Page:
Department of Labor Office of Inspector General Office of Audit

March 2007 Audit of a Complaint Involving the Community Preservation and Development Corporation’s H-1B Technical Skills Training Grant WHAT OIG FOUND
We found that CPDC did not accurately report, allocate, and support salary costs, and CPDC charged indirect costs to the grant without an approved indirect cost plan. These conditions occurred because CPDC did not have adequate internal controls in place. As a result, CPDC charged $870,821 in salary and indirect costs to the DOL grant that did not meet the Office of Management and Budget (OMB) Circular A-122 cost principle requirements for Federal grants by nonprofit organizations. CPDC’s reported participant outcome data were not valid and reliable. CPDC overstated the reported number of participants trained and placed in employment, and who received promotions and/or wage gains. This occurred because CPDC did not have internal controls in place to ensure that it had a management information system that accurately tracked participant activity, maintained evidence to support participant outcome data, and accurately reported it to ETA. As a result, CPDC overstated its participant outcome data and did not meet the outcome goals of the grant. CPDC met the required matching fund contribution for the grant.

Highlights of Report Number: 03-07-001-03-321, to the Assistant Secretary for Employment and Training

The Office of Inspector General (OIG) performed an audit resulting from a complaint of an H-1B Technical Skills Training Grant awarded by DOL’s Employment and Training Administration (ETA) to the Community Preservation and Development Corporation (CPDC) located in Washington, DC. The complainant alleged that CPDC: 1. allocated salary expenses to the grant for staff not directly involved in providing H-1B services; 2. used grant funds, intended for DC residents only, to provide services to out-of-state residents; 3. reported outcome data that were dubious; 4. did not meet its matching funds requirement; 5. used grant funds to develop CPDC’s website; and 6. spent proceeds from certain properties to purchase surplus equipment to be used at other properties.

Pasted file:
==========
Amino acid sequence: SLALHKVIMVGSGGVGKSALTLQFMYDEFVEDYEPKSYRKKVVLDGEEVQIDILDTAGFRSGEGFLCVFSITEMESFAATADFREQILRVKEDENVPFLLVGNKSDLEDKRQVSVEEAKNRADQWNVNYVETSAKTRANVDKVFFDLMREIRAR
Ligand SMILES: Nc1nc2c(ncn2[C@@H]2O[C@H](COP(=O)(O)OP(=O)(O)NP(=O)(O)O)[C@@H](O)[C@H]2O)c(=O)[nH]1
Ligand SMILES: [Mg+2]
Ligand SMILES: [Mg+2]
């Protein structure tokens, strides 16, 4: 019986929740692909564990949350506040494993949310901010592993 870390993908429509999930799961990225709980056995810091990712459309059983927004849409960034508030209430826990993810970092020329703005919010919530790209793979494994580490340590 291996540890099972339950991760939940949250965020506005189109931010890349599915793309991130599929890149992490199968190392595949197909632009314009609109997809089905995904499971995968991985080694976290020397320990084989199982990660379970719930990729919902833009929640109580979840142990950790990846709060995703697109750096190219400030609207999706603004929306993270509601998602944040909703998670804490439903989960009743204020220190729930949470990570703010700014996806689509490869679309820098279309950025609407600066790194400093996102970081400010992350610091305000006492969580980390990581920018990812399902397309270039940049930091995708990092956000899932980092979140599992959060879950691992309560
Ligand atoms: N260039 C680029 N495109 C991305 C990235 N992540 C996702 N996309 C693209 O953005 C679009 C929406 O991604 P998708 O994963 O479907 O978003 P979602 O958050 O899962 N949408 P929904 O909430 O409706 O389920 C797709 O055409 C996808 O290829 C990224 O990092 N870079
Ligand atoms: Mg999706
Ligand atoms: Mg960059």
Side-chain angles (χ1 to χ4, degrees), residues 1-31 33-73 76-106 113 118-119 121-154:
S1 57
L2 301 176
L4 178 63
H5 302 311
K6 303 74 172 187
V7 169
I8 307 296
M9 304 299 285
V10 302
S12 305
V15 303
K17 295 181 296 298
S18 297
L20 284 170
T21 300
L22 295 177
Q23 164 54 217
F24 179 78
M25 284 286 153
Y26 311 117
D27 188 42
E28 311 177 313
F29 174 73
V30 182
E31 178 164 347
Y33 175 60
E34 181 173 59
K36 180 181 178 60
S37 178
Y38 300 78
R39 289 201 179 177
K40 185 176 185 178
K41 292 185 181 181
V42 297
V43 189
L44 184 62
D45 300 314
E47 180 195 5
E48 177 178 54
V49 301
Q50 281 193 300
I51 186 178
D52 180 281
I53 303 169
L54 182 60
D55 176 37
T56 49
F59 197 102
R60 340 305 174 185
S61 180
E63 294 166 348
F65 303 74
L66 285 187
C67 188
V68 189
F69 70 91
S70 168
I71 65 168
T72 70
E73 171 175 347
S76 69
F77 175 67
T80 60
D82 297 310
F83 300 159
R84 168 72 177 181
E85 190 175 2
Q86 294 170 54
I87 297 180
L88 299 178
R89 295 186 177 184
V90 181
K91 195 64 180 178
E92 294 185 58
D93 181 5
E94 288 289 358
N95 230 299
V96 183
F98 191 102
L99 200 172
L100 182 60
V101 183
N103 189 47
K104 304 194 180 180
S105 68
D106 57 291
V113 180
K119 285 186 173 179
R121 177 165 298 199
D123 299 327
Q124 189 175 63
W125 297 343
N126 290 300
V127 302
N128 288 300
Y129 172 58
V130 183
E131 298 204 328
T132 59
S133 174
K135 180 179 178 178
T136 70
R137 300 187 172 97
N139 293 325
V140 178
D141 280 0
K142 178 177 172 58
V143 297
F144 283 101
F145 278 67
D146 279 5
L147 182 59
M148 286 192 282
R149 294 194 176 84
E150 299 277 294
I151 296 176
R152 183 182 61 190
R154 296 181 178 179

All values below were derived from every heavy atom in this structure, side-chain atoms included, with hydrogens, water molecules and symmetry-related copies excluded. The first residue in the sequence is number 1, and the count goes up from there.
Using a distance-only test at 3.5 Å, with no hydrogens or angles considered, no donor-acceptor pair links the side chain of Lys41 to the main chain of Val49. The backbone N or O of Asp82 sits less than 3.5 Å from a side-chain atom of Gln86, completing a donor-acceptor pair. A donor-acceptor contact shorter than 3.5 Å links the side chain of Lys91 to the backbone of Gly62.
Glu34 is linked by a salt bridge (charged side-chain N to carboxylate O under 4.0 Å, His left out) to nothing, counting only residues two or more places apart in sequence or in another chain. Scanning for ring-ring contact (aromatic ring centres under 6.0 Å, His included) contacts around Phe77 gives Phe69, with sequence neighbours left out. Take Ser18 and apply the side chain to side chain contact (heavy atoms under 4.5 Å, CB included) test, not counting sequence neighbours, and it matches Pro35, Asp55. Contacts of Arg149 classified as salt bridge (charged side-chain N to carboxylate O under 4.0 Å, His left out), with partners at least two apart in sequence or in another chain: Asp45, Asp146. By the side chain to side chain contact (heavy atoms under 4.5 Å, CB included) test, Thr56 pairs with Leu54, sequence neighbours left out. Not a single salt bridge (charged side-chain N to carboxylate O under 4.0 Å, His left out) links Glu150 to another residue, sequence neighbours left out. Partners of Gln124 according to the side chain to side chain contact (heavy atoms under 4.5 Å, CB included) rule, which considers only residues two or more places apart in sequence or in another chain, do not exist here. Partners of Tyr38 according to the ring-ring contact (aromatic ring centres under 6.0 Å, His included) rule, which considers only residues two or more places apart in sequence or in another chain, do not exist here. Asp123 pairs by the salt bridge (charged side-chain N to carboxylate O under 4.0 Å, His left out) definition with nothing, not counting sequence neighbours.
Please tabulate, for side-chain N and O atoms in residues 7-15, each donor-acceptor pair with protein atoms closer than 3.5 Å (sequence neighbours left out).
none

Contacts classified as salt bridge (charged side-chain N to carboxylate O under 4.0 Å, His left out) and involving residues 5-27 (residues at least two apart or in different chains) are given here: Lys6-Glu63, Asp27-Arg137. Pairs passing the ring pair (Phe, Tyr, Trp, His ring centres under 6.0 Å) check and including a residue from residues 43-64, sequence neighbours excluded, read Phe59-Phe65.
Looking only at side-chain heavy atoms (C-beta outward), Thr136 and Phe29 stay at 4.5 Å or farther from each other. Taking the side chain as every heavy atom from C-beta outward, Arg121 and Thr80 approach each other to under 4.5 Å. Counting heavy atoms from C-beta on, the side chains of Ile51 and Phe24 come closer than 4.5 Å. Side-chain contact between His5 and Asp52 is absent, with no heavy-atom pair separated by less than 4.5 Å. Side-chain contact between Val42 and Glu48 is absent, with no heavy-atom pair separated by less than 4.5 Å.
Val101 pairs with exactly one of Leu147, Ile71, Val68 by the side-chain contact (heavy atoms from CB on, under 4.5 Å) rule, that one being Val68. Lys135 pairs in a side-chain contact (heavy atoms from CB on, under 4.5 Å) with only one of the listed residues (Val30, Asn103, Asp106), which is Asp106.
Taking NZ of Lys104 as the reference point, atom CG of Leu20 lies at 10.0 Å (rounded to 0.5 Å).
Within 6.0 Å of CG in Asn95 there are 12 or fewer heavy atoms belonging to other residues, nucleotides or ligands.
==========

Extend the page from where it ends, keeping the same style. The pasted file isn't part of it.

The purpose of our audit was to answer the following questions: 1. Did CPDC ensure that costs charged to the grant were reasonable, allowable, and allocable? 2. Were the reported participant outcome data valid and reliable? 3. Did CPDC meet the $2.6 million matching funds requirement according to the grant agreement? We did not perform specific audit work on allegations 2, 5, and 6. For allegation 2, the grant did not limit services to Washington, DC residents. For allegations 5 and 6, the complainant could not provide specific information, and nothing came to our attention to indicate that the allegations could be substantiated.

We recommend that the Assistant Secretary for Employment and Training: 1. Recover the $870,821 in questioned salary and indirect costs charged to the grant. 2. Require CPDC to re-submit the final grant closeout package with revised outcomes. 3. Prior to awarding future grants to CPDC, perform a review to ensure CPDC has: a financial accounting system that meets Federal requirements; internal accounting controls; a Federally approved indirect cost plan; and a management information system to ensure that reported performance data is accurate, supportable, and reliable. CPDC agreed to re-submit a final grant close-out package with revised outcomes. With regard to questioned costs related to salary and indirect costs charged to the grant, CPDC disagreed with the report’s conclusions and related recommendation.

To view the report, including the scope, methodology, and CPDC’s response, go to: